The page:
Six months ago, a certain security flaw in Java was fixed by Sun. This flaw was present in OpenJDK, GIJ, icedtea and Sun’s JRE, but it got fixed in those. There’s one important shipping Java implementation that still has not been fixed to remove this security flaw: Apple’s Java.
This bug is pretty old, first reported to Sun in August last year. While most operating systems have mostly been patched by now, because they use Sun’s JRE or any of the other fixed implementations, Apple’s impementation still hasn’t been fixed (not even in last week’s 10.5.7 update).
Now, we have to take a closer look at just how serious this flaw is. It can be used to create a “write once, exploit everywhere” exploit, assuming you do not have applied a fix for this one yet, which at this point comes down to just Mac OS X users. Google employee Julien Tinnes details on his blog just how dangerous this security flaw is for Mac users. After a lot of technical talk about how to exploit it, he concludes that it’s pretty special.
“This one is a pure Java vulnerability. This means you can write a 100% reliable exploit in pure Java. This exploit will work on all the platforms, all the architectures and all the browsers!” he warns, “Mine has been tested on Firefox, IE6, IE7, IE8, Safari and on MacOS X, Windows, Linux and OpenBSD and should work anywhere. This is close to the holy grail of client-side vulnerabilities.”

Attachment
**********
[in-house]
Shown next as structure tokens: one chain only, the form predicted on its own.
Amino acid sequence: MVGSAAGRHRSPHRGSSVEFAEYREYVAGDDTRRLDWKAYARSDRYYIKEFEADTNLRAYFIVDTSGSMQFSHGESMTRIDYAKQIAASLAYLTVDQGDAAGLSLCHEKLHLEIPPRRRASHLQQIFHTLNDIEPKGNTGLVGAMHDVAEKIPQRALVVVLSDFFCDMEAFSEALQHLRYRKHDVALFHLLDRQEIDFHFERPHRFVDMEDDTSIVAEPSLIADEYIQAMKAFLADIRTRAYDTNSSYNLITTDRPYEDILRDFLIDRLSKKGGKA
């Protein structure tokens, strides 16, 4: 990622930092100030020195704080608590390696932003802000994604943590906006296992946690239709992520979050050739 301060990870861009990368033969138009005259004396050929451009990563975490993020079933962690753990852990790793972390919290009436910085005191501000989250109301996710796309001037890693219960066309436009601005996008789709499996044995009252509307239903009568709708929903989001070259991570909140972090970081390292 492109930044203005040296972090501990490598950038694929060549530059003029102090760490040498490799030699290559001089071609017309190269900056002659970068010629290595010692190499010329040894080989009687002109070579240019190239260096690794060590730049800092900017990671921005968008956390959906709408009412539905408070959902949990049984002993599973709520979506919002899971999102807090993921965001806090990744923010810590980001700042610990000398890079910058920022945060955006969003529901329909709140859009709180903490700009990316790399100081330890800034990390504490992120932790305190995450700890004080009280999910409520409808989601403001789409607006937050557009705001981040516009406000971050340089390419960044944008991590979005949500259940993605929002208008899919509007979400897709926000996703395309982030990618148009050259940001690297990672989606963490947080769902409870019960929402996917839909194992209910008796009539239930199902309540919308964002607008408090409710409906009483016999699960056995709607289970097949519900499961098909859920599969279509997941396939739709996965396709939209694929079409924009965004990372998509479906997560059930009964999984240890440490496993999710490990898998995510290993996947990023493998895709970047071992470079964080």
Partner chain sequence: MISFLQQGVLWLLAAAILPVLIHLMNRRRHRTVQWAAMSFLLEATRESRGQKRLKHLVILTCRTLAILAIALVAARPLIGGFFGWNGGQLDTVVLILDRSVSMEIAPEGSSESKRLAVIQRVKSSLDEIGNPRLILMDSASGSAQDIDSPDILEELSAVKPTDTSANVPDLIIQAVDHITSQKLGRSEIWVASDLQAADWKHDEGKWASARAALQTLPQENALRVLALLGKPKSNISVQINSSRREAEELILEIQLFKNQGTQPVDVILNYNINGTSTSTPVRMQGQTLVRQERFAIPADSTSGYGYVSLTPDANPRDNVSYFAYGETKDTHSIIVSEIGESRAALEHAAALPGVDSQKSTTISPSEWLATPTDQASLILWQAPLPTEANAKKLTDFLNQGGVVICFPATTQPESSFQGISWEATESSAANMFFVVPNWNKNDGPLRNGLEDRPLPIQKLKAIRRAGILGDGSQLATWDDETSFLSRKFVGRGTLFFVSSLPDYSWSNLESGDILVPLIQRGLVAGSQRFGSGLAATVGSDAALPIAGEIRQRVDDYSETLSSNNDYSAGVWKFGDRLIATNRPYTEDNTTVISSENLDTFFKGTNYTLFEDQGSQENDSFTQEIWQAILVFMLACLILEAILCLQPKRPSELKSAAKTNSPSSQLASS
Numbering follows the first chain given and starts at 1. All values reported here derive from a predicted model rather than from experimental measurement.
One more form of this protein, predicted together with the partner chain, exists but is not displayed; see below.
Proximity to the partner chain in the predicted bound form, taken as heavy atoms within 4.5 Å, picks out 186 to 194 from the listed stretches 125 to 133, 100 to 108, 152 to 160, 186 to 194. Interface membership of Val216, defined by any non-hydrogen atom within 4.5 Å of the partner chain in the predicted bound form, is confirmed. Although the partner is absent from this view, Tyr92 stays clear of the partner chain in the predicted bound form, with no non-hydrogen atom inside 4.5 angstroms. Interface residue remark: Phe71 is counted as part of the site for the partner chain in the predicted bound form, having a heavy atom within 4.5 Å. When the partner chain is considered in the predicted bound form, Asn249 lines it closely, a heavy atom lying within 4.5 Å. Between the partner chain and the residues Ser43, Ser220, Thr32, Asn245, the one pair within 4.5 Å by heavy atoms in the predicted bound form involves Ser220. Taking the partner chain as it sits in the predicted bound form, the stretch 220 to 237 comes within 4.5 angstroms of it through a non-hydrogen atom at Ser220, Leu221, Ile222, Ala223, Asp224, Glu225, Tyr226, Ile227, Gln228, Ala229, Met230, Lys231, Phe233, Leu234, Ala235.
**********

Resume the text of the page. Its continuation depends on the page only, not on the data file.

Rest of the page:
He then goes on to say that:
So MacOS X users, please disable Java in your web browser. Others: make sure you have updated Java and still disable it in your web browser: it’s a huge attack surface and it suffers from many other security vulnerabilities.
Moreover, even without taking into consideration Java vulnerabilities themselves, since the Java plugin allocates all memory as RWX and doesn’t opt-in for randomization, a Java applet can be used to bypass ASLR and non executability (DEP on Windows) in browser exploits.
A harmless proof-of-concept was made by Landon Fuller, where visiting this web page with a Java applet will invoke
/usr/bin/say with your current permission level.
Apple has often been criticised for being quite lax when it comes to fixing known bugs in its operating system. For instance, Mac OS X has a history of shipping with outdated versions of various open source tools, leaving the operating system wide open to known attack vectors.
“In general Apple has been a little slower to apply upstream security updates in Java,” said Dino Dai Zovi, an independent security researcher and co-author of The Mac Hacker’s Handbook, “Whenever basically they’re lagging behind a vulnerability that’s out and known, it’s pretty significant. Potential hackers don’t have to discover anything new; they can use a vulnerability that’s already released.”
For now, the best idea is to disable Java while on Mac OS X, and wait for Apple to get its act together on this one.